Moldovan president signs changes to treason law denounced by opposition, Amnesty International

By Thomson Reuters Jun 10, 2024 | 6:31 PM

By Alexander Tanas

CHISINAU (Reuters) – Moldova’s pro-European president signed into law on Monday changes to the criminal code expanding provisions on treason denounced by her opponents and Amnesty International.

The amendments were approved last week by parliament, dominated by President Maia Sandu’s Party of Action and Solidarity, with the aim of fighting organised crime groups authorities say are bent on destabilising the ex-Soviet state.

Opponents say they could undermine freedom of speech and the work of journalists ahead of an October presidential election and a referendum on joining the European Union.

“This means if you make any objection, you are off to prison,” said Alexei Lungu of the pro-Russian “Victory” opposition bloc, which campaigns on the slogan “No to the EU.”

Vlad Battincea of the Moscow-friendly Socialist Party, said the law amounted to “creating a new form of fight against people, parties and politicians who have a different point of view. This is an attack on pluralism.”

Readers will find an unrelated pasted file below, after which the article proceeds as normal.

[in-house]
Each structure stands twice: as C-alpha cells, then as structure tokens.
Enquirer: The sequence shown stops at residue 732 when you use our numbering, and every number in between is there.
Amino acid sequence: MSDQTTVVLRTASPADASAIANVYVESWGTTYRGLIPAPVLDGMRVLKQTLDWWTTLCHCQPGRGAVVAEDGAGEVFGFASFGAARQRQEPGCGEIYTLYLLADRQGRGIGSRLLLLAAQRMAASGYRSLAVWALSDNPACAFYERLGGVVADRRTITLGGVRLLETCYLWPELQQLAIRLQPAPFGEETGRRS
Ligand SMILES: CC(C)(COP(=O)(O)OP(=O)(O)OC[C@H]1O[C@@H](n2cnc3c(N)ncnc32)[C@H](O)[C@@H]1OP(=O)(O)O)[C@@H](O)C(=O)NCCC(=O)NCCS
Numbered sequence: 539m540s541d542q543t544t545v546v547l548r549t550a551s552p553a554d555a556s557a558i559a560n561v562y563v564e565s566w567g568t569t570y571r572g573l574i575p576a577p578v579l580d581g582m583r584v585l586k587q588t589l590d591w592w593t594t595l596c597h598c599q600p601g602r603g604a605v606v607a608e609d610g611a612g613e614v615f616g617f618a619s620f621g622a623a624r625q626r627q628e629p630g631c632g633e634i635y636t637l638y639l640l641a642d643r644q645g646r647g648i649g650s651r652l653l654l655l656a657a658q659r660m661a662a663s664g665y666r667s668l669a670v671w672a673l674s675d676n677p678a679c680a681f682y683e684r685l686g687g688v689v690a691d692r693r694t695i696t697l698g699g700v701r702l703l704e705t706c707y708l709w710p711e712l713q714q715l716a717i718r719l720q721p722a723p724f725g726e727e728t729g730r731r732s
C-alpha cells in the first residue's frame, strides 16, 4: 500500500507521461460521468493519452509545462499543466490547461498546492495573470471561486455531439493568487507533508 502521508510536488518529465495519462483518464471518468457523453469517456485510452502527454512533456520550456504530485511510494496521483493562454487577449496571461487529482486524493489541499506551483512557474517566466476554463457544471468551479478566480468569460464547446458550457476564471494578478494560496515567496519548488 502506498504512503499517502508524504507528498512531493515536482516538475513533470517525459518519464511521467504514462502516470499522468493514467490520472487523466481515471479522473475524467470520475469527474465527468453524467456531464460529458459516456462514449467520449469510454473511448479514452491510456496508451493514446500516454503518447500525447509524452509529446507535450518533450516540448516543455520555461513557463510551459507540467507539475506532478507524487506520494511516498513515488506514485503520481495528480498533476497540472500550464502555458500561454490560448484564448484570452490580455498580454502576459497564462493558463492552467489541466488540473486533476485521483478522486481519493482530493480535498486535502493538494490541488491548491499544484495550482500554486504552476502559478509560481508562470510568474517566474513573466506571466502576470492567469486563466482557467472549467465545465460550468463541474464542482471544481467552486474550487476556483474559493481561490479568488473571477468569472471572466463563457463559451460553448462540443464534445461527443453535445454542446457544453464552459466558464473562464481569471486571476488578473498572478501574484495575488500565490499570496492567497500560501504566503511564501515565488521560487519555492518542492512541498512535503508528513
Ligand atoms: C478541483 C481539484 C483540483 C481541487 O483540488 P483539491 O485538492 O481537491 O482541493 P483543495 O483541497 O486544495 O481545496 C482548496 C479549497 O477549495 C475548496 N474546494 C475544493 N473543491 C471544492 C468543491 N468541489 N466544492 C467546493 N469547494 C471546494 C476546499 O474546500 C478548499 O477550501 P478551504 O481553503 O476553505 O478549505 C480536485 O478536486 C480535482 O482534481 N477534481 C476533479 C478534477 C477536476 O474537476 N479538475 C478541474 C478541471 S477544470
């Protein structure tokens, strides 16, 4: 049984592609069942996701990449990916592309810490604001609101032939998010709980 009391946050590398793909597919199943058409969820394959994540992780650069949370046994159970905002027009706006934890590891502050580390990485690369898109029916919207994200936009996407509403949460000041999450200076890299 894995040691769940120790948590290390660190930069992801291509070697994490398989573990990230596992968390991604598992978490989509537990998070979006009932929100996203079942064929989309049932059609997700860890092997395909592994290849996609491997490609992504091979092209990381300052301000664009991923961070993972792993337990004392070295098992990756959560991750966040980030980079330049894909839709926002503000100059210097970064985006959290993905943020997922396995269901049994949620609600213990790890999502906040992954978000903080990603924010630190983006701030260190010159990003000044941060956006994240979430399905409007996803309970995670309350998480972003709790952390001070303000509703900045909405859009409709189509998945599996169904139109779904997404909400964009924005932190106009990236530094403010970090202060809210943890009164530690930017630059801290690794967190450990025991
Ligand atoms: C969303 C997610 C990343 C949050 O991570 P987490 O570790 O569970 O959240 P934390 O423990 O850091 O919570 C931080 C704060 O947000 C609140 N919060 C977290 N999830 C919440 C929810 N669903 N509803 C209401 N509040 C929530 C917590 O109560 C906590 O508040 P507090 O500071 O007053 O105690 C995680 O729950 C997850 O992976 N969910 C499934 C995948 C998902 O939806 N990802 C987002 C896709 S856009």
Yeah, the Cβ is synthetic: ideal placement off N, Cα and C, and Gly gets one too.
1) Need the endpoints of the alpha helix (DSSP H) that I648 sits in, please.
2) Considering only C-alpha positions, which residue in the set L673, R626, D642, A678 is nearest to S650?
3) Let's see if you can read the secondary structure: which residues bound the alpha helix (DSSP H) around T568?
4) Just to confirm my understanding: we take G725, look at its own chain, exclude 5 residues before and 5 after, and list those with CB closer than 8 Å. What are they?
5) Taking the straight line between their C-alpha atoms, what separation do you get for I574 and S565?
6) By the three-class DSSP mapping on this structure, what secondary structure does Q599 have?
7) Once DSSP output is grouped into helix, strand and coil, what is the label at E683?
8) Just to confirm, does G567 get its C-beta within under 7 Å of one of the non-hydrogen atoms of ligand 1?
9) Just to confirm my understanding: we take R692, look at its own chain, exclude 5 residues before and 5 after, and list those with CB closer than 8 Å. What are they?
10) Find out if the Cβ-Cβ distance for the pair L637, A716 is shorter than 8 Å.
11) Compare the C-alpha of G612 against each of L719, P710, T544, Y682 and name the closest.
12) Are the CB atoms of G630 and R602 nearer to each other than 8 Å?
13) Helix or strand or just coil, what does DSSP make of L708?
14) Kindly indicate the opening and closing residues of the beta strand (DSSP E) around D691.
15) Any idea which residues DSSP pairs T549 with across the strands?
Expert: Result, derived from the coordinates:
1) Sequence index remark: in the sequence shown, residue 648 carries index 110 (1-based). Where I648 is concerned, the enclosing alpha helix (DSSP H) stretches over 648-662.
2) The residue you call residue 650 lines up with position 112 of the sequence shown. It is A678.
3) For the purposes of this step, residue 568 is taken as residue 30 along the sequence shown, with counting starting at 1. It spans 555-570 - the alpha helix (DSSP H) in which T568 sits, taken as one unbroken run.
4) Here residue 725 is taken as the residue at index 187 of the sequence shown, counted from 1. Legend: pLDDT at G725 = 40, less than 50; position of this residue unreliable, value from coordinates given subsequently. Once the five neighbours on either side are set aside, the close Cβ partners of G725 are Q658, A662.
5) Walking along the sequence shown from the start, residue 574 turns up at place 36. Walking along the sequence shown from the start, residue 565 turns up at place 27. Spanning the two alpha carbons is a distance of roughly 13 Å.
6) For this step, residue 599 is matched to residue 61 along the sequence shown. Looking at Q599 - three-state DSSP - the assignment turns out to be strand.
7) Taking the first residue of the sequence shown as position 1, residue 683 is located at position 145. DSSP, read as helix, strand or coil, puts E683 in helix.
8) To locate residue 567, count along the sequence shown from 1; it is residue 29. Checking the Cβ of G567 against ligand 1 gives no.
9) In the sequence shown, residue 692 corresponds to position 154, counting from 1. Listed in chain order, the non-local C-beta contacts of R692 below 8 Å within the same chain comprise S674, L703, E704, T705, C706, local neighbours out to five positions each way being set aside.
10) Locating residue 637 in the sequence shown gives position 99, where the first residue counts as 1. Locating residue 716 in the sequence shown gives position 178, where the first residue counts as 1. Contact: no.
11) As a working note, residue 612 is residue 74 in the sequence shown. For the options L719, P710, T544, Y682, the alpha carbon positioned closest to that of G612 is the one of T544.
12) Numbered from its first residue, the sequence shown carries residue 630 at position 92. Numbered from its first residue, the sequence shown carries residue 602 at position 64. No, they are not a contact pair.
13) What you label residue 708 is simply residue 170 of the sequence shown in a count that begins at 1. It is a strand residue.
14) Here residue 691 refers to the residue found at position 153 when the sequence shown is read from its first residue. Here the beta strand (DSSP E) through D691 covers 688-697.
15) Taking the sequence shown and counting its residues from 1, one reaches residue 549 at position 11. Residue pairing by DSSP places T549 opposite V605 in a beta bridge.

The changes extend to peacetime treason provisions previously limited to a state of war, extend prison terms and remove a requirement that actions must directly harm the state. They also create a new category of crime for assisting a foreign state.

Amnesty International, in a statement issued last month by its executive director in Moldova, Veaceslav Tofan, urged Sandu not to sign the legislation.

“The broadened definition of high treason is vague and open to abuse, posing a particular threat to the right to freedom of expression,” Tofan said.

“This new definition of high treason could be used to target political dissent and critical voices under the guise of countering malevolent foreign influence.”

Sandu has made securing European Union membership the cornerstone of her policies and denounced Russia and corruption as the biggest threats facing the country lying between Ukraine and EU member Romania.

Moldova’s authorities have tried to curb the activities of politicians linked to fugitive business magnate Ilan Shor, the driving force between the Victory electoral bloc.

Shor was sentenced in absentia last year to 15 years in prison for his part in a 2014 $1 billion bank fraud. A party bearing his name was outlawed by the Constitutional Court, and his associates were barred from running in local elections.

Opposition parties accuse Sandu of exploiting the EU referendum to win re-election in the October presidential poll.

(Reporting by Alexander Tanas; Editing by Ron Popeski and Richard Chang)